by Stockwatch Business Reporter
West Texas Intermediate crude for October delivery was unchanged at $72.61 on the New York Merc, while Brent for November added 21 cents to $75.78 (all figures in this para U.S.). Western Canadian Select traded at a discount of $11.90 to WTI, unchanged. Natural gas for October lost 12 cents to $5.34. The TSX energy index lost 1.24 points to close at 132.81.
Alberta oil sands giant Suncor Energy Inc. (SU) edged up five cents to $24.83 on 13.9 million shares, after trumpeting a "historic" pipeline partnership. The company and eight indigenous groups in Alberta will jointly buy TC Energy Corp.'s (TRP: $62.47) 15-per-cent interest in the Northern Courier pipeline. This 90-kilometre pipeline connects Suncor's Fort Hills oil sands mine and a storage terminal near Fort McMurray. The new 15-per-cent owners collectively expect to enjoy gross annual revenue of $16-million, primarily linked to long-term tolling contracts that do not vary with oil prices.
The above figure was one of the few financial figures in the press release. Suncor did not state how much it is paying for its share -- or even what its specific share is -- merely noting that the entire pipeline is valued at $1.3-billion. This matches the value set in May, 2019, when TC Energy sold an 85-per-cent interest in Northern Courier to Alberta Investment Management Corp. (AIMCo) for $1.15-billion. Suncor has now revealed that it started eyeing the pipeline around that time, obtaining a right to buy the remaining 15-per-cent interest "with this collaboration [with indigenous communities] in mind." President and chief executive officer Mark Little dubbed himself "excited" to finally exercise the right and to be part of the "unprecedented" partnership.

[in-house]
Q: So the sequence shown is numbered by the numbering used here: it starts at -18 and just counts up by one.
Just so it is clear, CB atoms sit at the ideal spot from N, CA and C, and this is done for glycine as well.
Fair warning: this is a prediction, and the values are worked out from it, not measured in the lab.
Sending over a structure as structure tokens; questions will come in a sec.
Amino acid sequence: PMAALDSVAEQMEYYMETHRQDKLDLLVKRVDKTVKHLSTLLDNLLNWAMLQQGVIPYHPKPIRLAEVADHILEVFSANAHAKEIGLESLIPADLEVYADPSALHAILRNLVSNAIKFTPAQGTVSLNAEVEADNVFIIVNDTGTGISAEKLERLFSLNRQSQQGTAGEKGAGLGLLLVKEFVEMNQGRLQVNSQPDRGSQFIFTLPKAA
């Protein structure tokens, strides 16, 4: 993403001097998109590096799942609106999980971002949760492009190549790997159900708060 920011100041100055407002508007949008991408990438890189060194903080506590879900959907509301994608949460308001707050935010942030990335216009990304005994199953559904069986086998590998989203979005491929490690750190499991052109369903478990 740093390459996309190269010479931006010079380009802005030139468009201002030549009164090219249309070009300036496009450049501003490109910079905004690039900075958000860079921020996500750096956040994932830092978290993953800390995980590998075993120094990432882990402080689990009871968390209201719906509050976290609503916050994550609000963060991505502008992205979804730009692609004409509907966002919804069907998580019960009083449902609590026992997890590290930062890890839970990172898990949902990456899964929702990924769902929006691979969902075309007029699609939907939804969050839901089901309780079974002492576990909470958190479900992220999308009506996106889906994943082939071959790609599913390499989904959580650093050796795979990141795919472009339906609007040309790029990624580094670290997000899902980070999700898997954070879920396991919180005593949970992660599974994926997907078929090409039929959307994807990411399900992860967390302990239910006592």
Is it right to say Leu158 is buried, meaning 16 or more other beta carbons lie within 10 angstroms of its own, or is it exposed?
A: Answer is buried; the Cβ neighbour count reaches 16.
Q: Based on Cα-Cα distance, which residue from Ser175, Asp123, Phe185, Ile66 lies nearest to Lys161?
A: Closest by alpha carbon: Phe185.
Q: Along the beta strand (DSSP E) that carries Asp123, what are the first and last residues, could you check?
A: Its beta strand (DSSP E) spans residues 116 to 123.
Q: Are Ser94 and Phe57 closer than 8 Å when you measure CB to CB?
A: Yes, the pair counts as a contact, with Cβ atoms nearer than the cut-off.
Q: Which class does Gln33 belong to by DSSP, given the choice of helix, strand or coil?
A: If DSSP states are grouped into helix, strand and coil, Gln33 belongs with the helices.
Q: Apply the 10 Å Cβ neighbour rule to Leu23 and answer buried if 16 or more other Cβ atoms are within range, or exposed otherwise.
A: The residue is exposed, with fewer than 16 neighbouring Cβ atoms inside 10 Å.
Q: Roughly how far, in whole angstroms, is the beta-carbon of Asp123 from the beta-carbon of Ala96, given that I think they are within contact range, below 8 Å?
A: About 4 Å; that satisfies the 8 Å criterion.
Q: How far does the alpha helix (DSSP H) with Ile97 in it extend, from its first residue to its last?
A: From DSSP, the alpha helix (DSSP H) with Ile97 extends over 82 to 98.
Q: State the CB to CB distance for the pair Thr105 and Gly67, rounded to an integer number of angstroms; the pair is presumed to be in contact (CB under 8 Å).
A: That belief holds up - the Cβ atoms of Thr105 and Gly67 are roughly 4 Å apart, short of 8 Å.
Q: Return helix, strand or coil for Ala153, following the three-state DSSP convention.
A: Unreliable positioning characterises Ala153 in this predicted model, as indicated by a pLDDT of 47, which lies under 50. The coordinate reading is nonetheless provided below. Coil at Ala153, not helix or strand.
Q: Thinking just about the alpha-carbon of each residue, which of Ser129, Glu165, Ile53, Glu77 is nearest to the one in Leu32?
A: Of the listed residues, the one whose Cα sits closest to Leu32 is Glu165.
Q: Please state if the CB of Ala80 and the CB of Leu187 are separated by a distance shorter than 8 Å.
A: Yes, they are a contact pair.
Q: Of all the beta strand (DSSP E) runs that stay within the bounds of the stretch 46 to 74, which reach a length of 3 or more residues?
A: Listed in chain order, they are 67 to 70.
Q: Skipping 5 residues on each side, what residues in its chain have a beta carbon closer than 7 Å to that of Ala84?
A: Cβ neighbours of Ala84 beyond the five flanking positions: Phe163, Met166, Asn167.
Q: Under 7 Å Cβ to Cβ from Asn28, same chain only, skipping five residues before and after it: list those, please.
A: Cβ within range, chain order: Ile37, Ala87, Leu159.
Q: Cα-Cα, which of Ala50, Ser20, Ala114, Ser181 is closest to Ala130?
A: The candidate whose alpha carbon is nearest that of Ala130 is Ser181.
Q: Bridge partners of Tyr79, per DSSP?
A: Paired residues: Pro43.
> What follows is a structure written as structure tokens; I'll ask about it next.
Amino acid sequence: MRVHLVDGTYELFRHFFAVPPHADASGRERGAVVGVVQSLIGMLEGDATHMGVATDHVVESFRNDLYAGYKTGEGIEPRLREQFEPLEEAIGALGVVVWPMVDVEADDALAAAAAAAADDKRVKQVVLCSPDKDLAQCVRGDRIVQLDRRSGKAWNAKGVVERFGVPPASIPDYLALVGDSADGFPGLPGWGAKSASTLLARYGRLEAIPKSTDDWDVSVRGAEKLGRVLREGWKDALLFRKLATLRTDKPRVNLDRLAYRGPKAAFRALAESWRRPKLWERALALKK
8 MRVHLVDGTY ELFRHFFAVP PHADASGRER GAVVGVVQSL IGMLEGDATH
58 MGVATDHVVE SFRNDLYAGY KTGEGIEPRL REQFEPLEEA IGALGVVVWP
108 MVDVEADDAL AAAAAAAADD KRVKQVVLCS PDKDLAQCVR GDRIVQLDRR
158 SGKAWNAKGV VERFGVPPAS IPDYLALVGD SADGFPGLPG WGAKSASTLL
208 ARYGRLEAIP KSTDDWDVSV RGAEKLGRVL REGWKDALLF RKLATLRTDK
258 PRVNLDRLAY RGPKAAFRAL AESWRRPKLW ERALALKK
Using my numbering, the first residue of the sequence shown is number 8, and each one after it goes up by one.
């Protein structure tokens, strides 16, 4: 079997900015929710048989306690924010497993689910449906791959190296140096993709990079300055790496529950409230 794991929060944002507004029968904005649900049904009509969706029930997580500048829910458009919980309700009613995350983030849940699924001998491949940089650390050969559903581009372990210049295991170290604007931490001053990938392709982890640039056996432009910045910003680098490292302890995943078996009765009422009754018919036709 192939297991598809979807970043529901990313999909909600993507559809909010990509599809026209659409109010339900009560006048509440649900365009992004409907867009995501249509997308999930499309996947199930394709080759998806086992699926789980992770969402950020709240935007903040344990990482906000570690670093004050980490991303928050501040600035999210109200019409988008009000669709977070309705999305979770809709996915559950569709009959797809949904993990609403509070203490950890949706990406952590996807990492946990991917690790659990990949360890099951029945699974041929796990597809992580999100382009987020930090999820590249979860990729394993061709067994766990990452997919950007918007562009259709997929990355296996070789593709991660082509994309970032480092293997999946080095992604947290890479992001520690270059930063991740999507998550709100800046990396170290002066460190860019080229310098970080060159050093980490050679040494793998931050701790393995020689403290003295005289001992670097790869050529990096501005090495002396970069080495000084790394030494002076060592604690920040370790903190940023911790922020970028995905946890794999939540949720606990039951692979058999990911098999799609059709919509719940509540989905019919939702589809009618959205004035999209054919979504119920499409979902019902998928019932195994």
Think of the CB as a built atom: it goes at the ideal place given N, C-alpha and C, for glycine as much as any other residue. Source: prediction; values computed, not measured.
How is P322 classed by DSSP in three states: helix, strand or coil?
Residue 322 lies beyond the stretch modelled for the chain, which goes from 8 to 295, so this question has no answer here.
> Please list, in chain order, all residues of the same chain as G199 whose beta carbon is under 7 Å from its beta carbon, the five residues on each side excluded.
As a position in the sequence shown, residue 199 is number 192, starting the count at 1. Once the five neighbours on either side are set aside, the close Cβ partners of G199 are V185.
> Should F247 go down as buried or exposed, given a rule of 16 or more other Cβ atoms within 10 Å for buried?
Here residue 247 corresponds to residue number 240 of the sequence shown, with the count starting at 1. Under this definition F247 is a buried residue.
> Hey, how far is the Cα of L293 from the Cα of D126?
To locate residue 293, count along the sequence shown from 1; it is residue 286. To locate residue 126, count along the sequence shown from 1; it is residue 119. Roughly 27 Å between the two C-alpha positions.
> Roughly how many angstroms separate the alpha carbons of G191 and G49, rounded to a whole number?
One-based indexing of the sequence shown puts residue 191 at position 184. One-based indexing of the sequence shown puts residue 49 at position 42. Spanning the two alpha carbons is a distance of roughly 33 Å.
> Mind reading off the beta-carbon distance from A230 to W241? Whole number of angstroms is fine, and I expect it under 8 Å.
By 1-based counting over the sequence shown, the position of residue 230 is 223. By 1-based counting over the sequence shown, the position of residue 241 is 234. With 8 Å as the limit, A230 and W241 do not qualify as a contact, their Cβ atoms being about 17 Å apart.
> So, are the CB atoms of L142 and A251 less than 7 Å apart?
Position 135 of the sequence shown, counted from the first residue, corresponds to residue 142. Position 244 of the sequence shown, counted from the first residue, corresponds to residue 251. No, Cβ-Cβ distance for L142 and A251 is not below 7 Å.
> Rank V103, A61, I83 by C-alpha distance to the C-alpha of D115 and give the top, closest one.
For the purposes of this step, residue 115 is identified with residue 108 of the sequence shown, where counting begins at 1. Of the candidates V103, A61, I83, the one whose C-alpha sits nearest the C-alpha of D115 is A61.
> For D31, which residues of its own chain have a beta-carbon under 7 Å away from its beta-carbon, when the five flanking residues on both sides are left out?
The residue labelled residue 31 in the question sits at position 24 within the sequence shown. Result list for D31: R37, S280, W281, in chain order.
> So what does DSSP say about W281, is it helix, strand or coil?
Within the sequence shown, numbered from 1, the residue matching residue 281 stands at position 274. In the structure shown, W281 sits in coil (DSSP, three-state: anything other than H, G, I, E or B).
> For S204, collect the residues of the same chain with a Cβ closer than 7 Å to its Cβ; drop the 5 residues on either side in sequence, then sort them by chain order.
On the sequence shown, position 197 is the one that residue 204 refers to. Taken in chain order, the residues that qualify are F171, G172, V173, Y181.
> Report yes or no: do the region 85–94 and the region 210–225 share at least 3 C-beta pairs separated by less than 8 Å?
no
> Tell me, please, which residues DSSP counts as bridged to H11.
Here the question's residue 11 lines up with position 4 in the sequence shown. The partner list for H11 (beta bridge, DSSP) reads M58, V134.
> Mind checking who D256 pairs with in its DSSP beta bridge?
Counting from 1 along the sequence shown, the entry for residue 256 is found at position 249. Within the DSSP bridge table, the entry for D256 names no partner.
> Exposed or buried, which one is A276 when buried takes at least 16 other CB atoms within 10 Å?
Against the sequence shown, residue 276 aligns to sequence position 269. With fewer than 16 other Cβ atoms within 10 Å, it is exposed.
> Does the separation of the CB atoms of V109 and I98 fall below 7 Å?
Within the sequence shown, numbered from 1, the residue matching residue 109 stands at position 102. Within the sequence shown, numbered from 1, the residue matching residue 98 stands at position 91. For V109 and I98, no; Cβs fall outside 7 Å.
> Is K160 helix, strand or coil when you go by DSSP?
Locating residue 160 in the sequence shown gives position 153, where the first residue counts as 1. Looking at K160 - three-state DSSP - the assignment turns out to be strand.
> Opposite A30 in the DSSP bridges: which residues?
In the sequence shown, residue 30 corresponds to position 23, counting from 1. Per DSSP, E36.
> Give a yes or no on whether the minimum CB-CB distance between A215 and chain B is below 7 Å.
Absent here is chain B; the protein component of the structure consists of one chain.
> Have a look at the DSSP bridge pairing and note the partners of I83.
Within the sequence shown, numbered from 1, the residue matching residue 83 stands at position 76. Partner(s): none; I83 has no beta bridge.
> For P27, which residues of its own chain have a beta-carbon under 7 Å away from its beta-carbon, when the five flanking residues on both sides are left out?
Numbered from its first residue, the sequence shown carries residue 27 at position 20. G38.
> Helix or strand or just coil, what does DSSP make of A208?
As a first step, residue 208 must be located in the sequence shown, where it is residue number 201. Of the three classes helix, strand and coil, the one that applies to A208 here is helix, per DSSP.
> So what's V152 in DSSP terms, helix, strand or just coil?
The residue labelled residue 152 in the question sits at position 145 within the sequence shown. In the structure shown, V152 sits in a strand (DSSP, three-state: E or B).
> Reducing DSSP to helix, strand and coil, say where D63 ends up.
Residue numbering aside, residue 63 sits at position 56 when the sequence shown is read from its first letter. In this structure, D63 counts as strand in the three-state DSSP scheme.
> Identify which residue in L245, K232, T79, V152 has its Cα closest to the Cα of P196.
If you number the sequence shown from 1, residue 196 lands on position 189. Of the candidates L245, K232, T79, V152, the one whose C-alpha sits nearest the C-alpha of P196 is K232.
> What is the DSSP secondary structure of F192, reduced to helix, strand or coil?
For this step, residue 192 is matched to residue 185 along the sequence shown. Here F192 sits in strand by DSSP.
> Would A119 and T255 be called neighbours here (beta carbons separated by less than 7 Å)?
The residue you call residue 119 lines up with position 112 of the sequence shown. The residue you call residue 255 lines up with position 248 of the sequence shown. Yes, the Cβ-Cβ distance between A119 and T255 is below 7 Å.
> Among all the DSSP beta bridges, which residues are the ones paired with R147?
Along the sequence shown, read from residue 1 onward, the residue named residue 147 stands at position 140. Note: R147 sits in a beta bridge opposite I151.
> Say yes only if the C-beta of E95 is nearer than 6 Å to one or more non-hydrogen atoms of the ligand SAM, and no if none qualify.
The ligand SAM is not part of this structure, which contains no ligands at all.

If the press release was short on finances, it was certainly long on sound bites. After Mr. Little said his piece, the indigenous groups flocked around to praise the "game-changing partnership" and "investment in a better Canada." The Alberta government got in on it too, sending Indigenous Relations Minister Rick Wilson to cheer the "momentous and historic" occasion. Several parties, including AIMCo and the Willow Lake Metis Nation, put out their own press releases. Anyone determined to wade through all the fluff would eventually have been rewarded with a tidbit of extra information: According to Alberta Indigenous Opportunities, the eight indigenous groups will collectively own 14.25 per cent of the pipeline, while Suncor will own 0.75 per cent. (This suggests that Suncor's financial outlay is minimal. The good PR, it surely hopes, is priceless.)
Elsewhere in Alberta, Darren Gee's gassy Peyto Exploration & Development Corp. (PEY) added 64 cents to $9.55 on 3.14 million shares. It has not been this close to $10 since 2018. Peyto has also been enjoying some good PR this week, courtesy of boosterish analysts. On Monday, Canaccord Genuity analyst Anthony Petrucci said Canadian gas stocks are currently looking "extremely compelling." He raised his price targets on seven of them, including hiking Peyto's to $10.50 from $9.50. Peyto then got its own special mention from Scotia Capital analyst Cameron Bean, who is even more bullish on the stock. Mr. Bean hiked his price target to $13 from $12.